Integrated Modeling and Simulation of Dynamical-optical Systems

Numerical Simulation of dynamically and thermally disturbed optical systems.

Project Description

High Performance Optics are high resoluting optical systems consisting of precise lenses and mirrors which are mounted with a high accuracy. The accuracy is in the range of few nanometers. A good example are lithographic projection lenses for manufactoring semiconductor devices. These objectives require such high accuracies to ensure sharp images at highest resolutions. However, they have a high susceptibility to failures, i.e. small vibrations of the lenses or mirrors can be sufficient to produce defective images. Sources for these small vibrations can be minimal excitations at the objective frame like noise of coolers.

schematic EMBS model of a lithography objective
schematic EMBS model of a lithography objective

Similar problems are well-known in photography, e.g. when an image is blurred because the camera was moved while pushing the reslease. For a compensation of those movements, many cameras provide optical image stabilizers. For this, sensors measure the camera movement and the optical elements get moved by actuators to fix the image at the image sensor. However, for High Performance Optics, the problem is more complex since movements can hardly be measured and it is difficult to determine causes.

Besides that, thermal disturbances can lead to image aberrations. This can be caused, for example, by a change in ambient temperature to which the optical system must adapt. Alternatively, the increasing energy of the used high-power lasers in optical systems can lead to thermal disturbances by absorption of the light energy within the optical elements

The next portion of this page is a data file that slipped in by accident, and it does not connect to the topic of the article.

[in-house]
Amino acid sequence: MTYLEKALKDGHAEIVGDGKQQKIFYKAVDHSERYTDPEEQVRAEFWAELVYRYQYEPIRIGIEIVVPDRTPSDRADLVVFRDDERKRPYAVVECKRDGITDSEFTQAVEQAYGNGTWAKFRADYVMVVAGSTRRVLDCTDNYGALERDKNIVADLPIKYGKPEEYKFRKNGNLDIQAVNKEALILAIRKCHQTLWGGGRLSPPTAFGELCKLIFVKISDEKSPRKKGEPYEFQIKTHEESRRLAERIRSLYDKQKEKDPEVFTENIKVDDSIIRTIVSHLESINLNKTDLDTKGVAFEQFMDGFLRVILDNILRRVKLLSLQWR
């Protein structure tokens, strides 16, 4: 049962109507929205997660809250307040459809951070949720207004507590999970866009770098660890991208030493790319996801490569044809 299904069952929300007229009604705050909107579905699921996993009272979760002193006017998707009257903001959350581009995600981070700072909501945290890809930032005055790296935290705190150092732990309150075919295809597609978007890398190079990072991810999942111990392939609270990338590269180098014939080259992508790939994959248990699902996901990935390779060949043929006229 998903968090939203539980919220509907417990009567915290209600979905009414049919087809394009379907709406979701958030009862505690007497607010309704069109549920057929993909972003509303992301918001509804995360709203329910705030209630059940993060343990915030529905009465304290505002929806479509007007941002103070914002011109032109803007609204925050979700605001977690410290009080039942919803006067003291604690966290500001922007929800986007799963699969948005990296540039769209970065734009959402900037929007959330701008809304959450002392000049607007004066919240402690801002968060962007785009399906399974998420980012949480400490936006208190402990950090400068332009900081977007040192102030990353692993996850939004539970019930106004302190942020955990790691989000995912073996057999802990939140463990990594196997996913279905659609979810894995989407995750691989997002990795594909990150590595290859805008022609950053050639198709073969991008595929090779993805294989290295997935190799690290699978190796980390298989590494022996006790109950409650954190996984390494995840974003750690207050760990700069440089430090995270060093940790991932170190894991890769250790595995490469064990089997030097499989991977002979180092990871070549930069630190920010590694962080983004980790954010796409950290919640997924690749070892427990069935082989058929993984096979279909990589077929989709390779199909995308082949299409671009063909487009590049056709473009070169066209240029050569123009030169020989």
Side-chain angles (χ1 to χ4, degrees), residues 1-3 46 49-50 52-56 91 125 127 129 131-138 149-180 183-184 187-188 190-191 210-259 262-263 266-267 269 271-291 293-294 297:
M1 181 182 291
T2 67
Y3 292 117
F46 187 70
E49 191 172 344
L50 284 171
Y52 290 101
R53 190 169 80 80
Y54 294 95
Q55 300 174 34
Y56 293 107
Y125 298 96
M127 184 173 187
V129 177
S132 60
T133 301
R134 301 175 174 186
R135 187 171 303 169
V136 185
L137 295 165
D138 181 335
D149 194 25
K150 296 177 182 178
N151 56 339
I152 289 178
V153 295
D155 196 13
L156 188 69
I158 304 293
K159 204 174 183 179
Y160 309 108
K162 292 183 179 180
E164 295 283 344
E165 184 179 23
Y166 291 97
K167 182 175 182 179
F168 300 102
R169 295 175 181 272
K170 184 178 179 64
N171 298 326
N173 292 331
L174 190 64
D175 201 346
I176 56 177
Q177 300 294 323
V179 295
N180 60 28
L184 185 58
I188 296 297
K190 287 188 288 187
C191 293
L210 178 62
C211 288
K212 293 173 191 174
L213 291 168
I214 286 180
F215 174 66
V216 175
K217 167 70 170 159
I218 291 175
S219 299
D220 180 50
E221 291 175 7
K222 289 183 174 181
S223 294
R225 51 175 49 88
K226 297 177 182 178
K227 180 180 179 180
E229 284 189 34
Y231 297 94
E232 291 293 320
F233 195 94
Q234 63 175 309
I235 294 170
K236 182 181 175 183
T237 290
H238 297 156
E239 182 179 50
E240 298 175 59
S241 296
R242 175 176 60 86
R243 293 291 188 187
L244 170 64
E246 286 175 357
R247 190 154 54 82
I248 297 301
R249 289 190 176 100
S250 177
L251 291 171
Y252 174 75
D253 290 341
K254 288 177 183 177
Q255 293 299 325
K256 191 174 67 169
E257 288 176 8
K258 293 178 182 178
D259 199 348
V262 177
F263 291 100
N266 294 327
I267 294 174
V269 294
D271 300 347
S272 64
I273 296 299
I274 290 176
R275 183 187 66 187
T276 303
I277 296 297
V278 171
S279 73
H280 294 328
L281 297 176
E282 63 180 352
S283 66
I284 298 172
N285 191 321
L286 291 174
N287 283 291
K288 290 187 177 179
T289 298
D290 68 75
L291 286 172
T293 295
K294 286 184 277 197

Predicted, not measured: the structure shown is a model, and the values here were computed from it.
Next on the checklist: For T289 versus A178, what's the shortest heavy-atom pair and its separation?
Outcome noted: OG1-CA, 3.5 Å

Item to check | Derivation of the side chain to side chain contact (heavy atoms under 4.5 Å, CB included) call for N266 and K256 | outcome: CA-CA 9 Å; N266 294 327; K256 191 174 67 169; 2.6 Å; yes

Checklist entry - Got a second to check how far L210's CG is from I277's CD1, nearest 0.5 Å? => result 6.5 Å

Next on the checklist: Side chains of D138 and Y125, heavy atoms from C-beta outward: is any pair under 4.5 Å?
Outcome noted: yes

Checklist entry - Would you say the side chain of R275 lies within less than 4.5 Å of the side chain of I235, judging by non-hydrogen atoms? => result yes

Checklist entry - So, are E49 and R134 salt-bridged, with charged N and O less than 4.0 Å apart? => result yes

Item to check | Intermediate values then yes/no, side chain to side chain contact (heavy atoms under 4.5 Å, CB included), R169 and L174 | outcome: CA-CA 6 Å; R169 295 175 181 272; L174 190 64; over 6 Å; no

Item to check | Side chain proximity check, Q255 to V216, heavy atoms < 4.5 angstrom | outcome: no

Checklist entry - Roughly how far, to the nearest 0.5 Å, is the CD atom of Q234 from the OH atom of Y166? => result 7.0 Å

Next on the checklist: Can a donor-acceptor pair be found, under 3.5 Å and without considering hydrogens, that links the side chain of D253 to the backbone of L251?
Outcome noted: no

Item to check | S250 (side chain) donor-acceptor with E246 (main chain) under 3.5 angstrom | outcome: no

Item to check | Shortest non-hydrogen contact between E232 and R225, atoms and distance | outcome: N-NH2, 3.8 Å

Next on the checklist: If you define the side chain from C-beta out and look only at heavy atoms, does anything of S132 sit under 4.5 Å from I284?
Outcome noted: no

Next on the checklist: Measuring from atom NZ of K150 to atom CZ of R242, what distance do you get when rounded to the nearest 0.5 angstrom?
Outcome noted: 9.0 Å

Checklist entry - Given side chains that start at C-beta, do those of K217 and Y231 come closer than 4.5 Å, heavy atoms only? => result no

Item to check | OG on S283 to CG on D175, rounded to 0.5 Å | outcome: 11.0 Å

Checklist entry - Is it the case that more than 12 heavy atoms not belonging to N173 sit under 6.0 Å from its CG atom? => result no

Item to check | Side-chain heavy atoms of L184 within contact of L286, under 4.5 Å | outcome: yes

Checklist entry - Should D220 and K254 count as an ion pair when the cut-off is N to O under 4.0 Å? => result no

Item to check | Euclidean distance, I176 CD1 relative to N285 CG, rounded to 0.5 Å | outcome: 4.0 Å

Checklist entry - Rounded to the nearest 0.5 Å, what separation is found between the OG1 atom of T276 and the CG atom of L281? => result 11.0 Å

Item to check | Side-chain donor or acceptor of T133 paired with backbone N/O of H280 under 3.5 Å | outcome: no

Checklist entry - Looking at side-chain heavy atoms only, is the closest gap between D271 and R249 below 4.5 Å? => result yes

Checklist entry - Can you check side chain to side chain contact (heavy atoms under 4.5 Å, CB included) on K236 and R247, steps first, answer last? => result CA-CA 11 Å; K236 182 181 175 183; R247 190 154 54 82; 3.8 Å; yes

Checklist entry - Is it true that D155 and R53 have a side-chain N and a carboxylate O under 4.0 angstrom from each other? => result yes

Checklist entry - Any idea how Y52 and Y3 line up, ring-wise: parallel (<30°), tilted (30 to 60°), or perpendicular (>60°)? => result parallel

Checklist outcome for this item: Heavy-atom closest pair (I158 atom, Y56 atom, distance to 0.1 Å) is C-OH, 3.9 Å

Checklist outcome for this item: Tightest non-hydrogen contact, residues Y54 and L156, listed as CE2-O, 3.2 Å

The goal of this project is the development of a simulation environment to detect and avoid weaknesses in the mechanical, the thermal and in the optical design. For the simulation of the dynamics of a lens, the Elastic Multibody Systems (EMKS) method is used. This allows rigid body motions, deformations and mechanical stresses to be considered. Finite element methods (FEM) are used for the thermoelastic simulation. Thus, thermal deformations and the change of the refractive index due to the changed temperatures can be taken into account. The influence of dynamical and thermal disturbances on optical images is investigated by ray tracing. Interfaces between dynamics, thermoelasticity and optics simulations are necessary and have to be transformed appropriately. It is important to make a clear description of the functional chain starting with dynamical excitation and ending with the produced optical result. With this, informations can be obtained for inverse calculations to determine causes for certain image aberrations.


Dynamical-optical Simulation - Examples

Varied optical path difference of a lens

© Luzia Hahn

The relevance of stress-related polarization effects for transient optics is evaluated with the shown varied optical path difference.

Dynamical-thermoelastic-optical system simulation


Results of an transient dynamical-thermoelastic-optical system simulation. The results of the EMBS-simulation, the thermoelastic FE analysis and the geometrical image simulation are shown from the left to the right. From top to bottom, each row shows a later time period with a skipped time period between the rows. 

Stress effects in optical lenses


Time simulation of the changes in the refraction indices in the three stress directions of a lens front. The lens gets deformed which generates mechanically stresses and therefore birefringence in the lens material.

Simulation of a Disturbed Elastic Mirror


Dynamical-optical ray traying simulation of an elastic mirror, which is mechanically disturbed.


Dynamical-optical image simulation of an elastic mirror, which is mechanically disturbed.


Wavefront simulation of the disturbed elastic mirror.

Dynamical-optical simulation of a teleskope with rigid segments and adaptive optics.


Experiment: Control of the Motion of Optical Lenses

Experiment in the ITM laboratory for investigating the optimization of the dynamical behavior of an objective.



This image shows Peter Eberhard

Peter Eberhard

Prof. Dr.-Ing. Prof. E.h.
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